A dual approach – copyright and trade mark searches prior to launching a brand 

Trade mark searches are regarded by courts as of paramount importance in the adoption of a brand. There is a decision of the Federal Court of Australia which specifically addresses this issue: Flexopack S.A. Plastics Industry v Flexopack Australia Pty Ltd [2016] FCA 235 (11 March 2016) in which the court noted:

[147.]… In my view, there is no probative and reliable evidence to suggest that he did not have such an appreciation at an earlier point. Business proprietors would usually know of the importance of trade marks. It is common for new business owners to conduct basic trade mark searches using the IP Australia website. The IP Australia website included as of 2010 basic information directed to people unfamiliar with trade marks. It included information about trade marks, searching for trade marks and suggested contacting a patent and trade marks attorney or legal practitioner for assistance if necessary.

[150.] In my view, an experienced business person would have conscientiously considered the type of information set out above and, if acting in good faith, would have conducted further inquiries including a search of the trade marks register. Mr Katelis failed to do this and his excuses were unconvincing. If he was ignorant of the Applicant and the Applicant’s trade mark, it was only due to his own indifference and his failure to make the inquiries that an honest and reasonable person would have made in his position.

In other words, a person who does not do a trade mark search before adopting a brand is at best engaging in wilful blindness. I’d go further than this and include a Google search, which takes no skill to use at all.

But are we only looking at half the problem? Copyright issues are a real issue in brand creation, especially when graphic designers look to the internet for inspiration. This was underscored in a recent UK decision, ATB Sales Limited v Rich Energy Limited [2019] EWHC 1207 (IPEC) (“ATB”). This was a dispute over the copyright in two logos, both applied to energy drinks. Below are the logos, with the plaintiff’s on the left:

The defendants relied upon a decision of the Patents County Court in Mitchell v British Broadcasting Corporation [2011] EWPCC 42 at p122: “This illustrates the slippery nature of the allegation of subconscious copying when it is combined with the reality of the internet today. Since everything is available to everyone on the world wide web, no evidence can ever rule… out a subconscious influence.”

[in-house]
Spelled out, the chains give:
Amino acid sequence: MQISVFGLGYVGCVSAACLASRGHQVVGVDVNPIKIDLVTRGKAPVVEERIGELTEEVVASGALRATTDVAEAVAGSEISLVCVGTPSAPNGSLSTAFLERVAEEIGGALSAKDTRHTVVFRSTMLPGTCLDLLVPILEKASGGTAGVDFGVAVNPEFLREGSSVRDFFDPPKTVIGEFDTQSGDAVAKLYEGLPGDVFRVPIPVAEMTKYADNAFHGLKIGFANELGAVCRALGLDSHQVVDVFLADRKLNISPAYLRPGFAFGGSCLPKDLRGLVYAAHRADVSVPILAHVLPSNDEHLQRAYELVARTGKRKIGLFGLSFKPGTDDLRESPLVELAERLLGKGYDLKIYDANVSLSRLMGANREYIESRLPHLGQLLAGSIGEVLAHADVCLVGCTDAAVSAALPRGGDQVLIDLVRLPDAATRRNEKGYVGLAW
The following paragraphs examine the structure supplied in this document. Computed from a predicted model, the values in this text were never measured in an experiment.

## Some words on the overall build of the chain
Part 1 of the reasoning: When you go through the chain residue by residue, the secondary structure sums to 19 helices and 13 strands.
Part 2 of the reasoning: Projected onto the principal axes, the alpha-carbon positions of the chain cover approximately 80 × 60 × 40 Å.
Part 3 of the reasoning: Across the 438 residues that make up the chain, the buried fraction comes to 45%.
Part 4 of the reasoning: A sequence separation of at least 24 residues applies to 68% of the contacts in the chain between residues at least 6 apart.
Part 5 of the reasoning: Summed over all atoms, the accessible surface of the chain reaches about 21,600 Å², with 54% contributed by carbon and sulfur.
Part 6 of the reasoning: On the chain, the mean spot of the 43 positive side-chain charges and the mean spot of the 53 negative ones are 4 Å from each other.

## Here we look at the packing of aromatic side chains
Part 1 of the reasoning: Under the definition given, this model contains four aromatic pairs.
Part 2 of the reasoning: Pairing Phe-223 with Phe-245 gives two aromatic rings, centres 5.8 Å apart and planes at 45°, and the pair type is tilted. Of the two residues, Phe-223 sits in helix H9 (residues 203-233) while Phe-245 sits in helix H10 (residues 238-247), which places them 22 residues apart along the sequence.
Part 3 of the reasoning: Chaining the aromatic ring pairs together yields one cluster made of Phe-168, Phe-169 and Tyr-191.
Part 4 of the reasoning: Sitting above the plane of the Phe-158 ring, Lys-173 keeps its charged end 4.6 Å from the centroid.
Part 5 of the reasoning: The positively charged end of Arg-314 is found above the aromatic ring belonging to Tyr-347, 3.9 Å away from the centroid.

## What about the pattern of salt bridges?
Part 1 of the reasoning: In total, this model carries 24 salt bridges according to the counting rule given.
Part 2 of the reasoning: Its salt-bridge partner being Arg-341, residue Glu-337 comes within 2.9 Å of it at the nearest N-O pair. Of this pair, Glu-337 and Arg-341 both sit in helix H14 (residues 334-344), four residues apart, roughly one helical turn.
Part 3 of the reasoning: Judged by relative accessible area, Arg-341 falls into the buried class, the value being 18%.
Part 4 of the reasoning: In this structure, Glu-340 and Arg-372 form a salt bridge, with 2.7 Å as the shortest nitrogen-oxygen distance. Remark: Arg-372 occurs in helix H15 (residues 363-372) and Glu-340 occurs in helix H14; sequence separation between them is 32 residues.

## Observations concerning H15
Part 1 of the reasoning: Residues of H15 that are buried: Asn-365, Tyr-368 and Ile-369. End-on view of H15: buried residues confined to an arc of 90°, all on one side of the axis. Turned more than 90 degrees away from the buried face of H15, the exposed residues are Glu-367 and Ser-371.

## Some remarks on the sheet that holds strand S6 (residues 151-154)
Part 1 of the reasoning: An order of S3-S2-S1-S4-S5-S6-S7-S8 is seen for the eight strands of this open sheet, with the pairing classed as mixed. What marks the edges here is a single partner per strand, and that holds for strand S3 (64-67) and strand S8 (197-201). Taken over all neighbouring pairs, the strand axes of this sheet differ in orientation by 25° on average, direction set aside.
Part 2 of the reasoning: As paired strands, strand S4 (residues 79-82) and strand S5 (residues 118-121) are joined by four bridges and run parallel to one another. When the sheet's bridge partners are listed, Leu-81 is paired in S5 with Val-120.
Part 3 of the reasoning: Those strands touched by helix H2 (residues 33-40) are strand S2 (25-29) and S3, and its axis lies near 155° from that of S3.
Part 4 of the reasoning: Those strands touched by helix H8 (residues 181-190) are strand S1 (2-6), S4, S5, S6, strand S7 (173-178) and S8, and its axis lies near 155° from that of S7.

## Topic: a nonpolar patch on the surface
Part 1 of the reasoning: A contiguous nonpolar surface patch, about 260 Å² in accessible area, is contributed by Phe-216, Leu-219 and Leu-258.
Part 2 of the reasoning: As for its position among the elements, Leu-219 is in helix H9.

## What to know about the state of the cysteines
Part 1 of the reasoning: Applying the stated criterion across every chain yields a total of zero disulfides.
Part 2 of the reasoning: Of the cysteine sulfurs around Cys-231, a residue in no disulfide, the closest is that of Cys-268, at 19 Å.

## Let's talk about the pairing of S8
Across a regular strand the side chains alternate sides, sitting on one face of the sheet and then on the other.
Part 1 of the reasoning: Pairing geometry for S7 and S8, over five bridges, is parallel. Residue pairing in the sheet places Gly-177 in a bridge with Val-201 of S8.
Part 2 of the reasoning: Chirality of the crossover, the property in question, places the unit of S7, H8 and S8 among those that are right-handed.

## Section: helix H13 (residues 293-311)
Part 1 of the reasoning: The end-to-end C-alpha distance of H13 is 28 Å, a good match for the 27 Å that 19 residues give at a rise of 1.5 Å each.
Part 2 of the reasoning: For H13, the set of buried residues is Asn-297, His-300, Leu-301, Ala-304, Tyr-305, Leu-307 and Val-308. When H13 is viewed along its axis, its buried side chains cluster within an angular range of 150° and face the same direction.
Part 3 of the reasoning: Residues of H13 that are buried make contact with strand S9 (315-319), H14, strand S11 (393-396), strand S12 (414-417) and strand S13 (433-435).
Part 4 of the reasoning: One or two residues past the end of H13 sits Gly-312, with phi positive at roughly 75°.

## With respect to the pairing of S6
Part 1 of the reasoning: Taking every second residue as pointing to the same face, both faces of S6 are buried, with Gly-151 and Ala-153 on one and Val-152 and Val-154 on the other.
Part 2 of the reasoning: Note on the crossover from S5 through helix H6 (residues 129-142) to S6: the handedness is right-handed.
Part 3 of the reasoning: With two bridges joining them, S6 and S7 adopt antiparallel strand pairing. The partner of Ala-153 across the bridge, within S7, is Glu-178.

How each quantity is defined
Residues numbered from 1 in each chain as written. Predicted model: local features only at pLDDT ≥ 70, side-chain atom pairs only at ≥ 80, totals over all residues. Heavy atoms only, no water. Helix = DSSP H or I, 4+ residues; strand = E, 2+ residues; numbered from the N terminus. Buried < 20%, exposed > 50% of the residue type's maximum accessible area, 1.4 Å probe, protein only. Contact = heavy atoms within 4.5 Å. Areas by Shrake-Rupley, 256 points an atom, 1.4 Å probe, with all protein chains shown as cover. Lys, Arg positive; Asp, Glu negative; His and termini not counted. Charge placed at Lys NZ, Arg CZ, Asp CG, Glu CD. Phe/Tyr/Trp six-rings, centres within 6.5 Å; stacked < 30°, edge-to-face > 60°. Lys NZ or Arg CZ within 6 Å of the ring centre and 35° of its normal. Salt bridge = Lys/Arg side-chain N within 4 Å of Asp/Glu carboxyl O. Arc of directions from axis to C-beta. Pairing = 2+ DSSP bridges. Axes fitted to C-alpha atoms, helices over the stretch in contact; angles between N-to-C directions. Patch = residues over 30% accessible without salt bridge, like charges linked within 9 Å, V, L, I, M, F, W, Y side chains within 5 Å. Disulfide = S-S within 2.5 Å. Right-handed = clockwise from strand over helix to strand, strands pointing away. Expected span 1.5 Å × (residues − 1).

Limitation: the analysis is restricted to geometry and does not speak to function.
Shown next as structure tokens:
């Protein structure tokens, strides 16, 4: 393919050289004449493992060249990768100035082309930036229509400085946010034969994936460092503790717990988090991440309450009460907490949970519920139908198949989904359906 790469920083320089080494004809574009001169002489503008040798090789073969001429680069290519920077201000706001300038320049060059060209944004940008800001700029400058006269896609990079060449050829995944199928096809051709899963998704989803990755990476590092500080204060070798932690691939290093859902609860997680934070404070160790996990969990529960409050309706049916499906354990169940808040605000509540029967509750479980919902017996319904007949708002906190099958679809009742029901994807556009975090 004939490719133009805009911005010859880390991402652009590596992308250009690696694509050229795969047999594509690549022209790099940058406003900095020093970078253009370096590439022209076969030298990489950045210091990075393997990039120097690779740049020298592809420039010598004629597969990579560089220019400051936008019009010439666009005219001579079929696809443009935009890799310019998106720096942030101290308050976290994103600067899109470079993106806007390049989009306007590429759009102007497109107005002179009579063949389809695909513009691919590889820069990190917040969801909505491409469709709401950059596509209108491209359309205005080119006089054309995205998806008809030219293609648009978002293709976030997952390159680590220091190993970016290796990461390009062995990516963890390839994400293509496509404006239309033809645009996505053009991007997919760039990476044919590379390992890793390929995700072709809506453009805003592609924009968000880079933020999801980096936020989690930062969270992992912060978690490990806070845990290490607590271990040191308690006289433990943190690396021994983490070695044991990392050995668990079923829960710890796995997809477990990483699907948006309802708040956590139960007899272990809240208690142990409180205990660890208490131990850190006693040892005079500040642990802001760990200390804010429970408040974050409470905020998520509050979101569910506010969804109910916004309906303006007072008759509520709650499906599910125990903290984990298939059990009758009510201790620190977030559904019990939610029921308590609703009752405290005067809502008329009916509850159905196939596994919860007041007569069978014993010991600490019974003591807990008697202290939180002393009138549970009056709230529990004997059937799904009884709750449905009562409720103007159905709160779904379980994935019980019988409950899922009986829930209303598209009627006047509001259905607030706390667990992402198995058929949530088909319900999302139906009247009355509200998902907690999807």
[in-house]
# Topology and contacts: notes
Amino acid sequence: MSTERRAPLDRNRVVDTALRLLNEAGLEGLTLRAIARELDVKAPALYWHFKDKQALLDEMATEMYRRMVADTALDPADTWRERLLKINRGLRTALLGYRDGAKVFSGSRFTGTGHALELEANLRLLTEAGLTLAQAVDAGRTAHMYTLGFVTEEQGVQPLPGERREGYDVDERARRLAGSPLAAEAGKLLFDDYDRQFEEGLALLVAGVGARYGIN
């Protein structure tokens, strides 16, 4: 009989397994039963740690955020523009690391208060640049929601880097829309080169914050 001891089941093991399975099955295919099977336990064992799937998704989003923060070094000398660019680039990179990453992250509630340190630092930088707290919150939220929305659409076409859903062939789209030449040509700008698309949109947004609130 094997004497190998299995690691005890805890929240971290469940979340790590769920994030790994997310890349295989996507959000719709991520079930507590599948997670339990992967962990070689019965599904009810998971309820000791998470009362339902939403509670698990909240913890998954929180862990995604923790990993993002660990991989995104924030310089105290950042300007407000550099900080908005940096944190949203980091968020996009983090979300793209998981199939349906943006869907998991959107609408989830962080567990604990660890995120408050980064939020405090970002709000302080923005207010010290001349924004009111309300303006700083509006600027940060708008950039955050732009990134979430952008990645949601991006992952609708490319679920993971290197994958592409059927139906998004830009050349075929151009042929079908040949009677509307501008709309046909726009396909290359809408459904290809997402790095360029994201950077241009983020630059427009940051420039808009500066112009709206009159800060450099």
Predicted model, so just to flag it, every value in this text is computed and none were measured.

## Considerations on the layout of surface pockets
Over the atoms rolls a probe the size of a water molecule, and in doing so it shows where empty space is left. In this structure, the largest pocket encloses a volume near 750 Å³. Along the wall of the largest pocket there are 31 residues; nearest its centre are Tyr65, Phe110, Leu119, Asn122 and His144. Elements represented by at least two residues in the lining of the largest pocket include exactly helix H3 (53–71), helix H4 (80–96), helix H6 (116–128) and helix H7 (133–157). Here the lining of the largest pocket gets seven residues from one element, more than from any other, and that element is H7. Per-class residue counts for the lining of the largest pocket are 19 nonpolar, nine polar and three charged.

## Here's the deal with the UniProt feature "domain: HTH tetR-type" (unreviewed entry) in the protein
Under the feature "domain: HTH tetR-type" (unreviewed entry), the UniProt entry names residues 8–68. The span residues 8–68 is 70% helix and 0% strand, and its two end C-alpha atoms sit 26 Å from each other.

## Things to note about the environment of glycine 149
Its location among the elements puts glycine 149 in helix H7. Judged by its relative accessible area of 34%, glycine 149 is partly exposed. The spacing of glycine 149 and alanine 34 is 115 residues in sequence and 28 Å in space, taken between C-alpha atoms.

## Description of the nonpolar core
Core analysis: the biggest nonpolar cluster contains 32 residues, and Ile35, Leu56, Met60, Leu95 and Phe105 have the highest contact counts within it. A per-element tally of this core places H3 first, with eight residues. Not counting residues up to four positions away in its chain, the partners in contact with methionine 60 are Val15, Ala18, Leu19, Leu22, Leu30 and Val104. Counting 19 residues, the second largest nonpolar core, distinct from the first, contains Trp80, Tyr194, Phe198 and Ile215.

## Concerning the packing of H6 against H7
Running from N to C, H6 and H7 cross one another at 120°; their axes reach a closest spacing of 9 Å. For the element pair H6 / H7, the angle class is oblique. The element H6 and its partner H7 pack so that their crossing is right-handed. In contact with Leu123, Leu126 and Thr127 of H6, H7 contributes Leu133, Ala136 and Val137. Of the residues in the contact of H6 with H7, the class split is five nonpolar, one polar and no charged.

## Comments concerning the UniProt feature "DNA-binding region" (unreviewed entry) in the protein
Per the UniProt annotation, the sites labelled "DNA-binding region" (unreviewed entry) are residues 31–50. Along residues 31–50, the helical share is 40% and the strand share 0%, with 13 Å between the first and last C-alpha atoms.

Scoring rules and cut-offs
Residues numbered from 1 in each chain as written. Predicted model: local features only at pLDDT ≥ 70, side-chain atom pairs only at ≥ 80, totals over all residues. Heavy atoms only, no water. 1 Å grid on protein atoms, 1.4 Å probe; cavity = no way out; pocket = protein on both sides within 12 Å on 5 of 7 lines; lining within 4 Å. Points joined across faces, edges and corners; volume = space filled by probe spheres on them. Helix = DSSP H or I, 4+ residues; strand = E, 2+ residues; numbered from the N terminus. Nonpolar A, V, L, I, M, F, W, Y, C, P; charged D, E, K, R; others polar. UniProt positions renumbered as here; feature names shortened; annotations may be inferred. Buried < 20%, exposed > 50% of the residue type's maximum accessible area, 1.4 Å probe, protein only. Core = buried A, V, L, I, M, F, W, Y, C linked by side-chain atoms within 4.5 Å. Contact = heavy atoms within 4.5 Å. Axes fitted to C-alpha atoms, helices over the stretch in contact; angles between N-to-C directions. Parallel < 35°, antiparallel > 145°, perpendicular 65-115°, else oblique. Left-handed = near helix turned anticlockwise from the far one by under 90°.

But the court found there was sufficient similarity between the two logos, and access to the plaintiff’s logo on the internet by the graphic designer (a defendant to the proceedings) was on the facts very likely. At [116]:

“In my judgment, there are two possibilities. The first is that [the defendants’ witnesses] are lying: they were familiar with [the plaintiff’s logo], and deliberately copied it to produce [the first defendant’s logo], making minor changes either to meet Mr Storey’s aesthetic preferences or to ensure the copy was not a facsimile of [the plaintiff’s logo]. The second is that Mr Kelly and Mr Storey are telling the truth: they do not remember seeing [the plaintiff’s logo] and have no familiarity with it, and did not copy it either knowingly or subconsciously, but created the misleading Brand Research document, the fake vector lines on the render and gave misleading evidence in order to support an evidentially weak, but otherwise truthful case of independent creation.”

And, importantly, at [119] the Court noted the insufficiency of a mere trade mark search: “In my view, it is therefore no argument for the Defendants to ask why he would be so careful about trade marks and less careful about copyright, when it appears that he did not understand them to be different. It may be that he and Mr Kelly simply thought that C’s Device was a great logo, and that it was one from a company sufficiently removed from their own business not to notice or complain about their copying, or that it did not attract copyright protection. Perhaps they thought that trade mark clearance was all that mattered.”

At the very least, a person creating a new brand can conduct a Google Images search, which is easy to use and which can assist in determining whether a logo has been copied.

It has long been established that in the context of misleading and deceptive conduct contrary to the Australian Consumer Law, that advertising agents are “the gatekeepers” with respect to compliance with consumer laws – see ACCC v Nissan Motor Co. (1998) ATPR 41-660, and see also Cassidy v Saatchi & Saatchi Australia [2004] FCAFC 24 in which the Full Federal Court considered at [39], “the proposition that an advertising agent who prepares an advertisement for a client does not make a representation under s 53 of the TP Act unless, in addition, either the advertising agent actually disseminates the advertisement or the advertisement is in terms which identifies the advertising agent as its (or one of its) publishers. [The judge at first instance] did not treat those propositions as definitive and conclusive. As he later said, whether the respondent [the advertising company Saatchi & Saatchi] in this case made the misleading statements depends upon all the circumstances. It would also depend on the case as pleaded.”

The fact that the designer of this logo was a defendant to the proceedings in ATB should be a cautionary tale to those who create new brands.